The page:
Archives for category: Countryside

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With just a couple of days to go before I start my camino in Le Puy on the 7th April, the time has come to start packing up everything I’ll need for the walk – and no more!  Of course, I’m sure my final ‘list’ of items will change quite a bit throughout the course of my journey, depending on what turns out to be useful, and what the weather is like.  I thought it would be quite fun, therefore, to show you what I’m bringing to start with and why, and I’ll be sure to let you know whether I was on the right track with my preparation in a couple of months’ time!

So here goes:

First of all: THE BIG STUFF

  • Rucksack: Osprey Women’s Kyte 36 Rucksack (my Christmas present!) – this is a 36 litre rucksack, with lots of pockets and zips for stashing away those essentials that I might need to access quickly on the walk. As it’s a women’s rucksack, it’s supposed to suit the female shape and minimise any damage to the back and shoulders. Also, as it’s not mahoosive, I’m hoping it will deter me from carrying far too much (!) As a relatively petite person, I can’t afford to carry more than I should.
  • Walking boots: Asolo Stynger (Women’s) These are boots that I had fitted at Cotswold, as they suit narrower feet. So far, they have fared well on the walks that I’ve done, although I’ve yet to wear them alongside my full rucksack so we shall see! I’d highly recommend Cotsworld for boot fittings, as they know exactly which shoes suit both your gait, and shoe size (unlike some stores, which simply ask “which shoes do you like the look of?” *shakes head in dismay*)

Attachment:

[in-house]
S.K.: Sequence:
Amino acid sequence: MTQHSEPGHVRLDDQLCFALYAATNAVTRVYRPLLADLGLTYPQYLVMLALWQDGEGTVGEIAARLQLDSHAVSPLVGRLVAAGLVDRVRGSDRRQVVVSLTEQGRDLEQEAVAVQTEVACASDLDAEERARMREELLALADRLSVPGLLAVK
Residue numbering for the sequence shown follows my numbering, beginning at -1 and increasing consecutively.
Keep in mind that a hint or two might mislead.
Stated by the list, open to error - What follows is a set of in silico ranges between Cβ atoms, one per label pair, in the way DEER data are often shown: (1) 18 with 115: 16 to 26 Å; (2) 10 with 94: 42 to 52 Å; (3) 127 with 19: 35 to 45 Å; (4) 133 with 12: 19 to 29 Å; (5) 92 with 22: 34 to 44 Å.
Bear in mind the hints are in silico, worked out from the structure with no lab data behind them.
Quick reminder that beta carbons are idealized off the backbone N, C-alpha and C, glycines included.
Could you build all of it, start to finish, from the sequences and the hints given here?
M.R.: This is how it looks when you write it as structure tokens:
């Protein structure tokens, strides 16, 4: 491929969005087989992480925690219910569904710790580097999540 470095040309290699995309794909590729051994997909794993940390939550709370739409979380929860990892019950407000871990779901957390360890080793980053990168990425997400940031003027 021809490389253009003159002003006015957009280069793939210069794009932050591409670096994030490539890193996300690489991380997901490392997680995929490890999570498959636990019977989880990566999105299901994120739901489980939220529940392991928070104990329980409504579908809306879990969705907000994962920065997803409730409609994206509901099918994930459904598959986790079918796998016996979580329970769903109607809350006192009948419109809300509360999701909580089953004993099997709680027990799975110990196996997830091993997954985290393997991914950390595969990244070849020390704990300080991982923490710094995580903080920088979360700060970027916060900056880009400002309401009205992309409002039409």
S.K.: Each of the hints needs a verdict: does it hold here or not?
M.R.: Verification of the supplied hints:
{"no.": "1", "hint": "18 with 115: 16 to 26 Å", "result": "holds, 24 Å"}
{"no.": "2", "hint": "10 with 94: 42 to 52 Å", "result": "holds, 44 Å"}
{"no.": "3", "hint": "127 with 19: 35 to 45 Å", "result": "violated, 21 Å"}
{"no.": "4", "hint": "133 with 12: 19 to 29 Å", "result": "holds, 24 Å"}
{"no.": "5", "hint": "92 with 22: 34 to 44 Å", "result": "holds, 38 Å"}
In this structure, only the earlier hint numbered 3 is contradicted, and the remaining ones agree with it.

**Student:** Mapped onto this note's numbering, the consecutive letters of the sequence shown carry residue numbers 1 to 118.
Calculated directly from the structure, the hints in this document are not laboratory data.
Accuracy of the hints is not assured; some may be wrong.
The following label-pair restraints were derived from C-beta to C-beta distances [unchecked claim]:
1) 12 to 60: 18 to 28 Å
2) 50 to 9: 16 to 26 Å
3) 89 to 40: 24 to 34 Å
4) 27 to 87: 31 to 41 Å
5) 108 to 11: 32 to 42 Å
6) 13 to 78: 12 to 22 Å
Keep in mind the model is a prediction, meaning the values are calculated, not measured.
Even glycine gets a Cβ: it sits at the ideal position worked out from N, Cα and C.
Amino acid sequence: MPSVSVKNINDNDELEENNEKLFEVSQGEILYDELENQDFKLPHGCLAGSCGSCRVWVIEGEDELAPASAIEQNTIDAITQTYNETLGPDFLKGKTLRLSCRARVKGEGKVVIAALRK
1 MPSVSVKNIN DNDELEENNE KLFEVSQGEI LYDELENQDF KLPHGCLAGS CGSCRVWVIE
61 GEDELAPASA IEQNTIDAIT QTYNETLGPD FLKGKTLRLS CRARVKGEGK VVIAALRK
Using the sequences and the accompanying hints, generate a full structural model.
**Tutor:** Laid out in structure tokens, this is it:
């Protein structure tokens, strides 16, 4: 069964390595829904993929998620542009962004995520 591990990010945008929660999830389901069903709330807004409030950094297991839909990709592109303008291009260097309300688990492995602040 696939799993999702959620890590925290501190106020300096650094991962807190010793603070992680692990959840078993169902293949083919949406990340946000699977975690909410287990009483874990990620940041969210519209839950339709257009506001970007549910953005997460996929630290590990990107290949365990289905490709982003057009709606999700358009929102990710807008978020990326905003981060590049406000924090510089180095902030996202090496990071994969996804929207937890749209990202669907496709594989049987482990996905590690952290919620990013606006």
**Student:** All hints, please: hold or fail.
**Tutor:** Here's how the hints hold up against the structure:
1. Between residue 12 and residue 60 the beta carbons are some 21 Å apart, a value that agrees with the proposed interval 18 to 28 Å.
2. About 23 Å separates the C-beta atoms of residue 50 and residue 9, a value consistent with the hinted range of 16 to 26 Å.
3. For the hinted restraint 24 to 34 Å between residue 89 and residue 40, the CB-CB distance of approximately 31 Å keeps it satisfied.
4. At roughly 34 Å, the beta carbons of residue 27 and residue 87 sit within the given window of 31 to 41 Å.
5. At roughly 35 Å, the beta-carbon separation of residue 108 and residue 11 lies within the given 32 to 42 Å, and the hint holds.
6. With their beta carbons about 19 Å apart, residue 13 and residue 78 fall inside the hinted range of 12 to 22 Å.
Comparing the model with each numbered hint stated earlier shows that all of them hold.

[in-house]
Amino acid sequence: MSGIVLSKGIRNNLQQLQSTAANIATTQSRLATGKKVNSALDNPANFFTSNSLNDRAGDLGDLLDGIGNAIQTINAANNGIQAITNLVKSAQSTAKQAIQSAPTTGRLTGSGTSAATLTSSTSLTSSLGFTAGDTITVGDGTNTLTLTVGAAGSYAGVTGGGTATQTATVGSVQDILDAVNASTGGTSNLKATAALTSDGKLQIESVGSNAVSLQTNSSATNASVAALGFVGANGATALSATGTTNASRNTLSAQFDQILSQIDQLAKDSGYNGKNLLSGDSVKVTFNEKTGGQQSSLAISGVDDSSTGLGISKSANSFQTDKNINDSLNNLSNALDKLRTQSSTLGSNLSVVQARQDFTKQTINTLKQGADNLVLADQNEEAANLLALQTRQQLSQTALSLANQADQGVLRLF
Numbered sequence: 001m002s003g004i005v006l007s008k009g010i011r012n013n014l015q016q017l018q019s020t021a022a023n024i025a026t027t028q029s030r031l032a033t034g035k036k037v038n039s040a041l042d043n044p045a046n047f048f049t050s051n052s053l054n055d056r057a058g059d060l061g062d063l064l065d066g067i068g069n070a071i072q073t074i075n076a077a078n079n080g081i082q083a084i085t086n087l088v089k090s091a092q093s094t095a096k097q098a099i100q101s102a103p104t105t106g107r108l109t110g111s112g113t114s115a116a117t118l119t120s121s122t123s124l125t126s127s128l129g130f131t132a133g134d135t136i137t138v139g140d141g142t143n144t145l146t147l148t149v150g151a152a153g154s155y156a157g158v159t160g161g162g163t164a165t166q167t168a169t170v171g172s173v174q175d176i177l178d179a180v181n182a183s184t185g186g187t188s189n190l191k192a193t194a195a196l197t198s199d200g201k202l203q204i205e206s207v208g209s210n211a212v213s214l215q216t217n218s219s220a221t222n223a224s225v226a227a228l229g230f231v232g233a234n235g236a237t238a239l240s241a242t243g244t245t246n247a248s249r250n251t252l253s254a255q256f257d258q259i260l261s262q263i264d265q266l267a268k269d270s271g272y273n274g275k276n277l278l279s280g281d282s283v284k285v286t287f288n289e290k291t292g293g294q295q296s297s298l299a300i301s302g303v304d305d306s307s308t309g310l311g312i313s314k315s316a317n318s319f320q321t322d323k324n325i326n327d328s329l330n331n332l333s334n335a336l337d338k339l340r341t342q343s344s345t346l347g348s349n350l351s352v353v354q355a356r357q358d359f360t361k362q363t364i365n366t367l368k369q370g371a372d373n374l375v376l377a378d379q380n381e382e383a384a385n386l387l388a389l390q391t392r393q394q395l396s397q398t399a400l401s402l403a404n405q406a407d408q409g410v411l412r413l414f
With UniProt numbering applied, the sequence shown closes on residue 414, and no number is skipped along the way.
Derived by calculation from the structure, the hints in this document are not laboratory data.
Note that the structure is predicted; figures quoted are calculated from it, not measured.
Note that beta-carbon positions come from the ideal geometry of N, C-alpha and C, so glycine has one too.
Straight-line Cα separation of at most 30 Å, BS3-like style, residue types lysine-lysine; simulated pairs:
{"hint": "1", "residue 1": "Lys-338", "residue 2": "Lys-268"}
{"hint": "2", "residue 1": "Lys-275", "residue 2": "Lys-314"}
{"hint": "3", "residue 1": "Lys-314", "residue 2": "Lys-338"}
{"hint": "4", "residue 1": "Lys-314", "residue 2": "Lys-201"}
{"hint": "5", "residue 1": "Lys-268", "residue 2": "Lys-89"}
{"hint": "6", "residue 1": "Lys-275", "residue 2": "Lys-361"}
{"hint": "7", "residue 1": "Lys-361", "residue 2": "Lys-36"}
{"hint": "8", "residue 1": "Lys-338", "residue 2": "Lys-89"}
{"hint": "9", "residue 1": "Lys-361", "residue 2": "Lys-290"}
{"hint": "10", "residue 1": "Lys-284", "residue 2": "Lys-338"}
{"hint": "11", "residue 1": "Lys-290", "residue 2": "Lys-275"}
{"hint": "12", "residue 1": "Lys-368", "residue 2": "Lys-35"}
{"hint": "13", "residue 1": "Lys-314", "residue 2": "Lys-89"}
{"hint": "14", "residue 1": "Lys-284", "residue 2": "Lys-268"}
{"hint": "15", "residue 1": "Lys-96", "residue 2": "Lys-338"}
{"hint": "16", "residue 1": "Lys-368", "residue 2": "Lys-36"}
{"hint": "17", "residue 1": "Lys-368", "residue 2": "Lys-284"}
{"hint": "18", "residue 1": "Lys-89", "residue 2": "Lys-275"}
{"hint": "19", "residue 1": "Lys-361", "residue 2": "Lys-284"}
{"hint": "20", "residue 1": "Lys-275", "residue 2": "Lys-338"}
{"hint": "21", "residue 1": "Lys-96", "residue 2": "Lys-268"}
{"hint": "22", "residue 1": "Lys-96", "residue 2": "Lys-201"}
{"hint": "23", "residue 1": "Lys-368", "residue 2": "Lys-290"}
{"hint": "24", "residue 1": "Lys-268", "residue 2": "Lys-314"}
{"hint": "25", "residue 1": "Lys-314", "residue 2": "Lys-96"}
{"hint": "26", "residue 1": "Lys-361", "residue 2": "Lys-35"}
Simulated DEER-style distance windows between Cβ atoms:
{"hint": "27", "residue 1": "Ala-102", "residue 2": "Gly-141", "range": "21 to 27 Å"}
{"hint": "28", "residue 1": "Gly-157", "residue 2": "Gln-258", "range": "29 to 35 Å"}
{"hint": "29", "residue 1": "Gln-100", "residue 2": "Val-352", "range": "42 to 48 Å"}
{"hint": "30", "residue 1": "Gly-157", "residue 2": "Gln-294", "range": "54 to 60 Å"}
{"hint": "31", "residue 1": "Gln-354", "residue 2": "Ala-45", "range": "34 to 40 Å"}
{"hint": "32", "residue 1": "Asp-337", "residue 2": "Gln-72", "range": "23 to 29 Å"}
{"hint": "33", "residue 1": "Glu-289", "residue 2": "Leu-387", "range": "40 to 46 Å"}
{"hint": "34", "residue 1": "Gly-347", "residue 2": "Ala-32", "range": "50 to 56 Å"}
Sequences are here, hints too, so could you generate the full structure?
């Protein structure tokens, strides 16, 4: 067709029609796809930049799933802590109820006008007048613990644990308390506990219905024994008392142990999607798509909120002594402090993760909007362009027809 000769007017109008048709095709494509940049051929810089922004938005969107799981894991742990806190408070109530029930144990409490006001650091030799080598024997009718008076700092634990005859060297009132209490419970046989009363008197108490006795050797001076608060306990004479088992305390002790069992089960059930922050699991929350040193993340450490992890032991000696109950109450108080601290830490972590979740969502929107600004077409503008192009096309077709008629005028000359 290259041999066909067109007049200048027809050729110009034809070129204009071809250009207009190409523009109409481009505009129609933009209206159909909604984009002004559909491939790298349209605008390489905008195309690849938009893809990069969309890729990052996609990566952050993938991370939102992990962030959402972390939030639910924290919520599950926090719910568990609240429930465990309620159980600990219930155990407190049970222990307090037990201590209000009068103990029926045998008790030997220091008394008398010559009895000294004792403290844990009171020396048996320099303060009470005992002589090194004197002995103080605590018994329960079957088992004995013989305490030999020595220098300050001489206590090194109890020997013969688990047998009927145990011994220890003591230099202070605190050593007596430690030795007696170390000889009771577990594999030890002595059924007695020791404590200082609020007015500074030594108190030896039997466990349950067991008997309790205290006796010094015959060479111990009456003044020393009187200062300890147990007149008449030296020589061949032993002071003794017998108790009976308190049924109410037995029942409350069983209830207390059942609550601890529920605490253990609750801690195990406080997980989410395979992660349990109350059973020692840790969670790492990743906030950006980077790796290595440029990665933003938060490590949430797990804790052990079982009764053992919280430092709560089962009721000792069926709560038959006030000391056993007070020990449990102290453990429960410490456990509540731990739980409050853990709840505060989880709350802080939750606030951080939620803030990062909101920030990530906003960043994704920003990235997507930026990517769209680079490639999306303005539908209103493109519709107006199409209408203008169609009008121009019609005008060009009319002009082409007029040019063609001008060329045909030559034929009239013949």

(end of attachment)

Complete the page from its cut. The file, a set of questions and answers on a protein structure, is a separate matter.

• Platypus-style water pouch: This fits nicely into my rucksack back pocket, and with easy access I won’t be tempted to forgo a regular sip of water.
  • Silk sleeping bag liner: Small, lightweight, and will hopefully keep out the bedbugs (we shall see!)  I am not bringing a full-on sleeping back, as the weather will start to get warmer (plus, I can always opt to pay for extra sheets in hostels if need be).
  • Lunchbox: For those days in remoter sections when I’ll need to prepare some food the night before.  Hopefully will soon contain lots of nice cheese, bread and saucisson.
  • Passport and money: for obvious reasons! I’ve opted for one of those travel cards onto which I’ve put a bit of money, but am also bringing a credit card just in case.
  • EHIC health card: Just in case!
  • Personal alarm: Not sure whether these are useful or not, but good to have in remote areas for peace of mind.

CLOTHING